Furans: their synthesis and versatility as synthetic intermediates
We have expanded the possibilities of furan oxidations by developing spirocyclising variants of the Achmatowicz reaction (cf. Bohlmann cyclisation) to afford butenolide spiroacetals with applications to the synthesis of lituarine C, pyrenolide D, the sawaranospirolides, and Chrysanthemum enediynes. Electron transfer variants initiated by DDQ gave access to homo-tonghaosu and related natural product structures. Analogous reactions with amine-bearing side-chains generated spiro-N,O-acetals as key intermediates in syntheses of pandamarilactone-1 and the core of hederacines A and B. The structure and biological role of HEFS, a so-called drilodefensin that enables earthworms to digest otherwise toxic leaf litter, was confirmed by unambiguous total synthesis.
Free radicals and other reactive intermediates
Our group established 1,5-hydrogen atom transfer and 5-exo-trig cyclisation as a route to pyrrolizidine alkaloids. Radical macrocyclisation, combined with one of the earliest applications of ring-closing metathesis as a route to aromatic heterocycles, underpinned a formal synthesis of roseophilin. We showed that intramolecular azide-allene cycloadditions generate azatrimethylenemethane (ATMM) diradicals that can be trapped to form the tetracyclic core of cytotoxic guanacastepene terpenes such as radianspene J. In related work, mechanistically connected to the ATMM project, allenes were shown to react with tethered rhodium(II) nitrenoids to give methylene aziridines and aminocyclopropanes.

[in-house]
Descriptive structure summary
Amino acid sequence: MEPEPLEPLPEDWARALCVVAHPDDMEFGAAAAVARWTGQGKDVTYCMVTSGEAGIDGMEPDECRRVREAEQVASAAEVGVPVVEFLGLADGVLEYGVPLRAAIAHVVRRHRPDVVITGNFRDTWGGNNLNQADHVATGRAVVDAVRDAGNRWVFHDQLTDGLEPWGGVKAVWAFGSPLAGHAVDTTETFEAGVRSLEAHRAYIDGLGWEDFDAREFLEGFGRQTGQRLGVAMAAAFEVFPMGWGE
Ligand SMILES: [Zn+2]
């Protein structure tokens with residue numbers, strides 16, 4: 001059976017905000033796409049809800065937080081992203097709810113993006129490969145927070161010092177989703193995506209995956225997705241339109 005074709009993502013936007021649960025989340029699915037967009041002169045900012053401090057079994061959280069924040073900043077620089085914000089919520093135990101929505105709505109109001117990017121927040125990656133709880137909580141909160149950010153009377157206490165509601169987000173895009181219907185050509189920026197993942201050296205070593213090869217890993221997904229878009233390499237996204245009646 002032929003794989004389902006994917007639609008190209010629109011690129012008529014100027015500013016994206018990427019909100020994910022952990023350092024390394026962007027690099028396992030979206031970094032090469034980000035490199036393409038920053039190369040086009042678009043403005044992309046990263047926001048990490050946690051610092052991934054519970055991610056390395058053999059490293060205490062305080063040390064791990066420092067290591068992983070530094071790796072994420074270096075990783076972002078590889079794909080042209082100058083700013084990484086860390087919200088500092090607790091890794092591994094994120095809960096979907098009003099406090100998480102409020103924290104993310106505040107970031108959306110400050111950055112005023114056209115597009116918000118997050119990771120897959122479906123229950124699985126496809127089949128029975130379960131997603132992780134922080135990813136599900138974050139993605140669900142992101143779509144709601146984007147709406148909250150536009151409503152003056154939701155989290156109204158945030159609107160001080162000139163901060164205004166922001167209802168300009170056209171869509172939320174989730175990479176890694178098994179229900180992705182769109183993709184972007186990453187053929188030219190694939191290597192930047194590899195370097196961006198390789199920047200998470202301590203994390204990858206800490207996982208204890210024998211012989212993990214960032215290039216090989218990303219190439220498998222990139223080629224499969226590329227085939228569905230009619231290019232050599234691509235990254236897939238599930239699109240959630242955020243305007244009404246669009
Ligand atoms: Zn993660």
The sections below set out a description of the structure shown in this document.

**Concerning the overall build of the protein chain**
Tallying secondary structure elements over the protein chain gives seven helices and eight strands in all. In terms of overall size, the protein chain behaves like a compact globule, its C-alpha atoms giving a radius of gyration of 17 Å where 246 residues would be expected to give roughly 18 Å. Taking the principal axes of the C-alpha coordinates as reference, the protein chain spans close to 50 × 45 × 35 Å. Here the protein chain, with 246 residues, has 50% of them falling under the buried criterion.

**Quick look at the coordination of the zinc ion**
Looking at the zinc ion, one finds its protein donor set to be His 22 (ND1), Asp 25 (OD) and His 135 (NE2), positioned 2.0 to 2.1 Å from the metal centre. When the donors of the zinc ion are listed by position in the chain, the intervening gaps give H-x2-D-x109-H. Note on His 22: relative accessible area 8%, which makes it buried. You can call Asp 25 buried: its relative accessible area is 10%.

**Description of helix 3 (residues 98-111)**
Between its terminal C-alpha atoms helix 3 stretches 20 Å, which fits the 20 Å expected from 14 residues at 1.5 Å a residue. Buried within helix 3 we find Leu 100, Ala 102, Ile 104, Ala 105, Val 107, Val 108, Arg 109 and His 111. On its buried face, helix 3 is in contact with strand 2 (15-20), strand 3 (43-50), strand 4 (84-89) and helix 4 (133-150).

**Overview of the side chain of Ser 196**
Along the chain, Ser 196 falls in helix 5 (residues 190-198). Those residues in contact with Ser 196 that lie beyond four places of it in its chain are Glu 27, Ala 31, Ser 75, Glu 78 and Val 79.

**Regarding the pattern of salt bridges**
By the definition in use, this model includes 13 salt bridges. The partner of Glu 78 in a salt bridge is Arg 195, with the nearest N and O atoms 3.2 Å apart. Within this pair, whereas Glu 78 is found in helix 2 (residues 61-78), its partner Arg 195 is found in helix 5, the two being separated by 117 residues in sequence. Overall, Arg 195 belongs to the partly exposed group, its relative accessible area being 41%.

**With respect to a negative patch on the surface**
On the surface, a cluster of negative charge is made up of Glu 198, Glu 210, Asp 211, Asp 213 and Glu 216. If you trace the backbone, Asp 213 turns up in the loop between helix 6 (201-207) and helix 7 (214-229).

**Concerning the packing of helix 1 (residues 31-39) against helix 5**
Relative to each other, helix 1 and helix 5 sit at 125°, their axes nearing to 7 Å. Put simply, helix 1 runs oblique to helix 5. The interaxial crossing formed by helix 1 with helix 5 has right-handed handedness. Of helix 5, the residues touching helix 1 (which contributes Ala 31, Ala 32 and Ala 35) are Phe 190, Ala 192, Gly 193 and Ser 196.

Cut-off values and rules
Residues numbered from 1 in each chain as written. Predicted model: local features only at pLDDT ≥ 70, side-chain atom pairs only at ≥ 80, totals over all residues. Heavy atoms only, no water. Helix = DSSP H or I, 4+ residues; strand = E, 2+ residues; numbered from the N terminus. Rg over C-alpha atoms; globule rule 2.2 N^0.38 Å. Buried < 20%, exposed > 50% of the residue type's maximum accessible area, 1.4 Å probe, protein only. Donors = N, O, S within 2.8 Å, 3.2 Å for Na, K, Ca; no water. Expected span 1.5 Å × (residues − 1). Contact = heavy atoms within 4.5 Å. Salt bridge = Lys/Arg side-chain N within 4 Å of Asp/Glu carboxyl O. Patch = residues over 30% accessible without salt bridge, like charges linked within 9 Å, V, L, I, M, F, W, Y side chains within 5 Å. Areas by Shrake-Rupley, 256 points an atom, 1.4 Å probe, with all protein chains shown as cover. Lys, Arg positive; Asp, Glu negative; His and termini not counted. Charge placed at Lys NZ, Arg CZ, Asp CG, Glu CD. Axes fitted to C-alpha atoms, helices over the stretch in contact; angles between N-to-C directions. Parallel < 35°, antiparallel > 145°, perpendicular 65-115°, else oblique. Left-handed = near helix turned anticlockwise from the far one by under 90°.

Further synthetic methodology and total synthesis projects
Over the years, our group has introduced a variety of strategies for the production of stereochemically defined arrangements of oxidised functionality in acyclic, alicyclic, and heterocyclic systems: silicon tethered ene cyclisations and silatropic ene reactions; asymmetric synthesis of alkyl cyclopentenones; transacylation from hydroxylated lactams to aminolactones; pyrrolidinones via spiro-N,O-acetals; models to rationalise the L-Selectride reduction of 4-acyl-1,3-dioxolanes; Rh(II)-catalysed oxyamination. New cascade reactions and skeleton-building processes include: spirocyclic beta-lactams from diphenylketene and isocyanides; the Claisen rearrangement of bicyclic enol ethers; azide cycloadditions to halogen- and alkoxy-substituted alkenes; annulation/fragmentation/spirocyclisation routes to the fawcettimine core. Total syntheses not mentioned above include the polymerase B inhibitor taurospongin A, isoaltholactone, and the bacterial pyrrolizidines NP25302 and legonmycins A and B.